A stressed world
Biologists call it the sixth extinction. There have been five great mass extinctions in the history of the earth including:
- The Permian extinction 250 million years ago wiped out 70 per cent of all land animals and over 90 per cent of sea creatures. The causes are unclear.
- The Cretaceous extinction 65 million years ago saw the dinosaurs go down. Scientists think this was caused, at least in part, by a massive asteroid off Mexico’s Yucatan Peninsula, which turned the atmosphere into a blast furnace.More than 70 per cent of the earth’s species were lost. It took tens of millions of years to bounce back.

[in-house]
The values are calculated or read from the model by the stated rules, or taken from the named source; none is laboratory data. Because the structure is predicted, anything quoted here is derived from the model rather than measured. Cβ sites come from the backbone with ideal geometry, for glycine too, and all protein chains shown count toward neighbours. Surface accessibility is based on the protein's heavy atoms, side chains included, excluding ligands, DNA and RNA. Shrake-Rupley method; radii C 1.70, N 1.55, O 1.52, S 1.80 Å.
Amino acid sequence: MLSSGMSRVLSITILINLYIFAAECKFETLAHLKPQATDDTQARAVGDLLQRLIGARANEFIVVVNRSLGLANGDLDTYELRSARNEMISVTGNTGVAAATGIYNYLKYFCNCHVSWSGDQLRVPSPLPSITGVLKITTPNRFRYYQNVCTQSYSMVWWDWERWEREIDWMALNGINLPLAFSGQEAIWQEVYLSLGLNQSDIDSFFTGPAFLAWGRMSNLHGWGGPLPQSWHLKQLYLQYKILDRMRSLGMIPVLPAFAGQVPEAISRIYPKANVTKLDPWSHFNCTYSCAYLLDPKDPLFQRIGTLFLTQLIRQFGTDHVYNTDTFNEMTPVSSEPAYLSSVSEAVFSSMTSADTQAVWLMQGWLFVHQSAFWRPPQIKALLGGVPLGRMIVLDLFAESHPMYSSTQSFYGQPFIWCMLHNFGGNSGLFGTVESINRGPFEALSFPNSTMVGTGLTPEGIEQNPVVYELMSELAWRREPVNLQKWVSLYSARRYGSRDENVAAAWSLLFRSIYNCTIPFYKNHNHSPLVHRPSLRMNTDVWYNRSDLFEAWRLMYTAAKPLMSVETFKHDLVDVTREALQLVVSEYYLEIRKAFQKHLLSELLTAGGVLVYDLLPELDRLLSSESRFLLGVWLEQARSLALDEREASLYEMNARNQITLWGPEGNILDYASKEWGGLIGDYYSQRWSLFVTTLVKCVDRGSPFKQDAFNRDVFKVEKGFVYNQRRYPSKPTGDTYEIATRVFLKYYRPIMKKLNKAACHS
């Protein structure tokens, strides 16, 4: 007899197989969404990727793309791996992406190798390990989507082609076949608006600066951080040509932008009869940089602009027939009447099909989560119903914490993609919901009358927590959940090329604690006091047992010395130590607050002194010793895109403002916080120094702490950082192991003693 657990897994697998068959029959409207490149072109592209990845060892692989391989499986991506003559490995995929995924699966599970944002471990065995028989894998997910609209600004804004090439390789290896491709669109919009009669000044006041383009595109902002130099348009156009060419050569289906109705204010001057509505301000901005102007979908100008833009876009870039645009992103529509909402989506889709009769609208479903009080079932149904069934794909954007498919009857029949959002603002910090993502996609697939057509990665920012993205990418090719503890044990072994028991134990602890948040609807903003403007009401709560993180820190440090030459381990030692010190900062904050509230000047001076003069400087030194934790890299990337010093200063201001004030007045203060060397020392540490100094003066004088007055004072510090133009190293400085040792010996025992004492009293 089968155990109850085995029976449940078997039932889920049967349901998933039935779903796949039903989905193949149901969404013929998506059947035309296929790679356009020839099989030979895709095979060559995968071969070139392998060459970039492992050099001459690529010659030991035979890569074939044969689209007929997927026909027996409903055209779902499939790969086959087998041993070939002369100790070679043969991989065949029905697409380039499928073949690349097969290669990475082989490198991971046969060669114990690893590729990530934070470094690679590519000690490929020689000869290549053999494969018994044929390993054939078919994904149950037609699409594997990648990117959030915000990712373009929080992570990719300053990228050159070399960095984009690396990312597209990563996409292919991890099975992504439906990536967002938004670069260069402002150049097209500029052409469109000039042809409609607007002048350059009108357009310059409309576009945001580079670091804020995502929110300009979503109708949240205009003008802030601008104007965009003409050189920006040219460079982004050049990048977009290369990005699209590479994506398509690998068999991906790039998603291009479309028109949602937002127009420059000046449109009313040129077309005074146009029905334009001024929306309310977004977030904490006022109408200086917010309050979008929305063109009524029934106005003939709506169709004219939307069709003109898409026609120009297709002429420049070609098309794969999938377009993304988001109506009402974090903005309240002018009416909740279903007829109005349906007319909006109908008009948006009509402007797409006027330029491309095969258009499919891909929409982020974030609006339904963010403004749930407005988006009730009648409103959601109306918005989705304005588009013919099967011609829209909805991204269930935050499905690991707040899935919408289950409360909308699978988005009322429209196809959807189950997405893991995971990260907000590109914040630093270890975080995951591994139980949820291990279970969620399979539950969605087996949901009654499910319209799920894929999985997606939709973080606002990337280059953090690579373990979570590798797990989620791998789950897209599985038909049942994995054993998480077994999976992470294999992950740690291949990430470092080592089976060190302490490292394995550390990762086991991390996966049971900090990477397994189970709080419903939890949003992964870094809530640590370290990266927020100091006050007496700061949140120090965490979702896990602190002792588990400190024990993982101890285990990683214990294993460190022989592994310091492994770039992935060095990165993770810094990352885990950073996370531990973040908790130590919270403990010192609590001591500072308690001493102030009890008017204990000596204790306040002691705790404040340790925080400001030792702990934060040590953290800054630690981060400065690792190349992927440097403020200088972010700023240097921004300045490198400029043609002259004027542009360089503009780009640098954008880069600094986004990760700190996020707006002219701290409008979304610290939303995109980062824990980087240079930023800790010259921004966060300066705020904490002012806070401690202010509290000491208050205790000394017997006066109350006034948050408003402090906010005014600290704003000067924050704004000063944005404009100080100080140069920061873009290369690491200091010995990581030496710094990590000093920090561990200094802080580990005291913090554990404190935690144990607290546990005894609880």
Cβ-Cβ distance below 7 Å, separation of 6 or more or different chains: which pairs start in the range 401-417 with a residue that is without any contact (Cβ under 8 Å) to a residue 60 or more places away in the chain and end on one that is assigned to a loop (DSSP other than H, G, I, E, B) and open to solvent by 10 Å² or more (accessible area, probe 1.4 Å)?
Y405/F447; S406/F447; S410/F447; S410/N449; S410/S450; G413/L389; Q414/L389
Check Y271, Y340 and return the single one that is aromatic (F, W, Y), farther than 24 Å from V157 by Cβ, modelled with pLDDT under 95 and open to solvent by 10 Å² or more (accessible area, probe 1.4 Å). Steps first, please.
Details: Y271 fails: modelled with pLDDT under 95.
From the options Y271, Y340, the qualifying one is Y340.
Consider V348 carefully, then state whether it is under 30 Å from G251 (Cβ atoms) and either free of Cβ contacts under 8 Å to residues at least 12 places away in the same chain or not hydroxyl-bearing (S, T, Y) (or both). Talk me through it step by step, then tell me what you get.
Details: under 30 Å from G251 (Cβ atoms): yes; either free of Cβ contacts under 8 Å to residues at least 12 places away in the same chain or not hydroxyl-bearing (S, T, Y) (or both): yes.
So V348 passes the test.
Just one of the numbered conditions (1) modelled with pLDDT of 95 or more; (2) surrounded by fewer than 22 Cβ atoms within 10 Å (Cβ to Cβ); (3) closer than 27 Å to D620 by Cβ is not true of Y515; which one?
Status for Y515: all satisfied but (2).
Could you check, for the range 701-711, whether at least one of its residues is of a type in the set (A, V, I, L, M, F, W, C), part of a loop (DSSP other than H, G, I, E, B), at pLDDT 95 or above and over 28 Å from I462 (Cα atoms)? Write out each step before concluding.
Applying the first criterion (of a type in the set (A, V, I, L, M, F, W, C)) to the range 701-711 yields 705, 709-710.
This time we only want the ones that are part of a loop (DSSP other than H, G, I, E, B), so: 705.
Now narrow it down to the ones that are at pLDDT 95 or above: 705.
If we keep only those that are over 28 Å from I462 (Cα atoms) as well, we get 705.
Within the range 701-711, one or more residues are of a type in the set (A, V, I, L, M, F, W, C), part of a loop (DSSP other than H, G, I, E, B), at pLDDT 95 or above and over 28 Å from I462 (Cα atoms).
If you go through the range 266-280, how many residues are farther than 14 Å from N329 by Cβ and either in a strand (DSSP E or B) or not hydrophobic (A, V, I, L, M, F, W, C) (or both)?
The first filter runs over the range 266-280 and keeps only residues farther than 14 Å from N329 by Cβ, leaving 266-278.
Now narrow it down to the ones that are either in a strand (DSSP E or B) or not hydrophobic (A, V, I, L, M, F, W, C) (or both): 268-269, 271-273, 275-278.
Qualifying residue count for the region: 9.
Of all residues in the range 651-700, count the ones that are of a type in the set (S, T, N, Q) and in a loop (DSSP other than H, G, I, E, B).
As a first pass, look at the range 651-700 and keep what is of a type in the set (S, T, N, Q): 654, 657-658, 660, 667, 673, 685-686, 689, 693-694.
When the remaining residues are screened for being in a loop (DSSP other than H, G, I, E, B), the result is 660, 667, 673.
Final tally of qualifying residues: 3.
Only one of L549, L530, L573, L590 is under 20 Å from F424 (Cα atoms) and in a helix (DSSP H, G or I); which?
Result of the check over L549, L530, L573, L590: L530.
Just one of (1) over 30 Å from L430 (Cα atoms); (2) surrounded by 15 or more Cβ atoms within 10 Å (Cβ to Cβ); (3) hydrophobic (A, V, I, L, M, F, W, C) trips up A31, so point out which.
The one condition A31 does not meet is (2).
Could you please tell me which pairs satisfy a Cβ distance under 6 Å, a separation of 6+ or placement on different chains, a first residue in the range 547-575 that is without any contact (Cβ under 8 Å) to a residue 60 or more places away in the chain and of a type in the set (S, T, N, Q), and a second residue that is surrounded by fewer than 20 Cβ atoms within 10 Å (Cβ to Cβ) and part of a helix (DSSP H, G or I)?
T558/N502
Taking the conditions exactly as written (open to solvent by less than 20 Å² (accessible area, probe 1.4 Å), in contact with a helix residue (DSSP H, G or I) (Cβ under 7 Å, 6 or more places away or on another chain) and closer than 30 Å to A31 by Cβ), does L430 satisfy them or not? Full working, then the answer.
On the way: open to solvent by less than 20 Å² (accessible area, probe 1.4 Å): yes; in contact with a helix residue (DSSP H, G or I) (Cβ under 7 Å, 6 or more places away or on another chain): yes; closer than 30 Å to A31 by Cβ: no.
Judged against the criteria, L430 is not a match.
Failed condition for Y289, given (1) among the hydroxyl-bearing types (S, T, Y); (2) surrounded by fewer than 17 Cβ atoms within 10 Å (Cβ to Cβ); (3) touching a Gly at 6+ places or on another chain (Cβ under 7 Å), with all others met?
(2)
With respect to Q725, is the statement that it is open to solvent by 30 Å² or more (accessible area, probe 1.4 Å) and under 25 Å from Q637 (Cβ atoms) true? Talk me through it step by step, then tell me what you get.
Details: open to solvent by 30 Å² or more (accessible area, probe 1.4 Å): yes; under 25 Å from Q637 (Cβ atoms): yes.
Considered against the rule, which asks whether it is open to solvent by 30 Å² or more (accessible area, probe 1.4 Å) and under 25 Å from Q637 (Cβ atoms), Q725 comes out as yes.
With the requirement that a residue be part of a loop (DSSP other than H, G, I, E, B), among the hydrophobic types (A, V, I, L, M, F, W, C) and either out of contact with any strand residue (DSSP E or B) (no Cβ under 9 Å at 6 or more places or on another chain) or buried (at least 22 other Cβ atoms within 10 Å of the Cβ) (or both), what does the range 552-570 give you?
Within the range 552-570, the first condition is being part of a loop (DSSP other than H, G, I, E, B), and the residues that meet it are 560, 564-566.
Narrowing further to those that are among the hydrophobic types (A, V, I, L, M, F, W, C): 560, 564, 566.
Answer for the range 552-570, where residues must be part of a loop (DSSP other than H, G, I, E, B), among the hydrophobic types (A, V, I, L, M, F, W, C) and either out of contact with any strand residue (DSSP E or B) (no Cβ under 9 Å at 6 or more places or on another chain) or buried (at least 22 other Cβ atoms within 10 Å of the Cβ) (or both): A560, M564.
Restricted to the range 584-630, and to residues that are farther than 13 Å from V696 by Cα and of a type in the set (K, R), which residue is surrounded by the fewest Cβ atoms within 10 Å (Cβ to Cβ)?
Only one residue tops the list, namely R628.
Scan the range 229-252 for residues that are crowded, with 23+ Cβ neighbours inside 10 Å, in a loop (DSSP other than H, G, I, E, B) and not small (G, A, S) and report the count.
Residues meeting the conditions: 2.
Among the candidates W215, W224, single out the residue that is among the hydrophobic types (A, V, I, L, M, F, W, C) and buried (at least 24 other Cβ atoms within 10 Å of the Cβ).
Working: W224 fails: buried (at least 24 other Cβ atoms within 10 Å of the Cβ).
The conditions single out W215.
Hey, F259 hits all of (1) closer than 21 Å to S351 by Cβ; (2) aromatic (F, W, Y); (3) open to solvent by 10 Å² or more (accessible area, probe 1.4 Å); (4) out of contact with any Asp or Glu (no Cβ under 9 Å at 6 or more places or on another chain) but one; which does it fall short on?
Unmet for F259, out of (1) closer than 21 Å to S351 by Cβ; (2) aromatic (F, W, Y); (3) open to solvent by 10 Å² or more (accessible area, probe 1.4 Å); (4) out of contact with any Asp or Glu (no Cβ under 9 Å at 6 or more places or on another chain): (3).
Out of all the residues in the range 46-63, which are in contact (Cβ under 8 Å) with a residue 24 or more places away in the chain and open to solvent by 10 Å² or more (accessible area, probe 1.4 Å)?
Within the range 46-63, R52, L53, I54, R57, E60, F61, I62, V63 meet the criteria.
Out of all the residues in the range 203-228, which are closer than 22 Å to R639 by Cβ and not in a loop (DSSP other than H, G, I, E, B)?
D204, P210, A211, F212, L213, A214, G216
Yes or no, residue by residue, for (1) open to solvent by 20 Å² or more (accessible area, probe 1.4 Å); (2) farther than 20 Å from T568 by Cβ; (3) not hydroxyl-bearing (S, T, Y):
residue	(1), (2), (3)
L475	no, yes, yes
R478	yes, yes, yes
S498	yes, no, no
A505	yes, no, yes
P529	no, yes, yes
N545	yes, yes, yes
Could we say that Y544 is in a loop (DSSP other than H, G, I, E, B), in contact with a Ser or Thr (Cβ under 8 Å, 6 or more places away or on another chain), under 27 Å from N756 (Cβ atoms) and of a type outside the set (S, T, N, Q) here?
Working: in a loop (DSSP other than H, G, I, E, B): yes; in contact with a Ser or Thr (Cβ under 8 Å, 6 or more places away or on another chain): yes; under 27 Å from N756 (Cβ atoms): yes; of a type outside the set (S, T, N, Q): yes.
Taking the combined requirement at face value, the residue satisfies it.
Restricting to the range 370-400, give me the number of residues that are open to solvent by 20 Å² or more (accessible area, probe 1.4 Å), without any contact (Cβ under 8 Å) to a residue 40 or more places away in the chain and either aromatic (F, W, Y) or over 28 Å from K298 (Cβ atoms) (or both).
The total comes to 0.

Today’s extinction is different. It’s human-made rather than natural. There is a natural rate of extinction – evolution wouldn’t exist without it.
But what’s happening now is unprecedented.
The International Union for the Conservation of Nature (IUCN) estimates the loss of species today is 1,000 to 10,000 times higher than the natural rate that occurs through evolution. But as ecologists say, we’re all in this together. Humans need clean water, wild spaces, unpolluted air and uncontaminated land.
So do plants, animals and all other forms of life.
Our interdependence has never been clearer.
The IUCN says nearly 40 per cent of all species are threatened. These include:
- A quarter of all mammals
- One in eight birds
- A third of all amphibians and half of all tortoises and freshwater turtles
- More than half of reptiles
- Over 70 per cent of flowering plants
- More than half of all insects
This article is from
the September 2009 issue
of New Internationalist.
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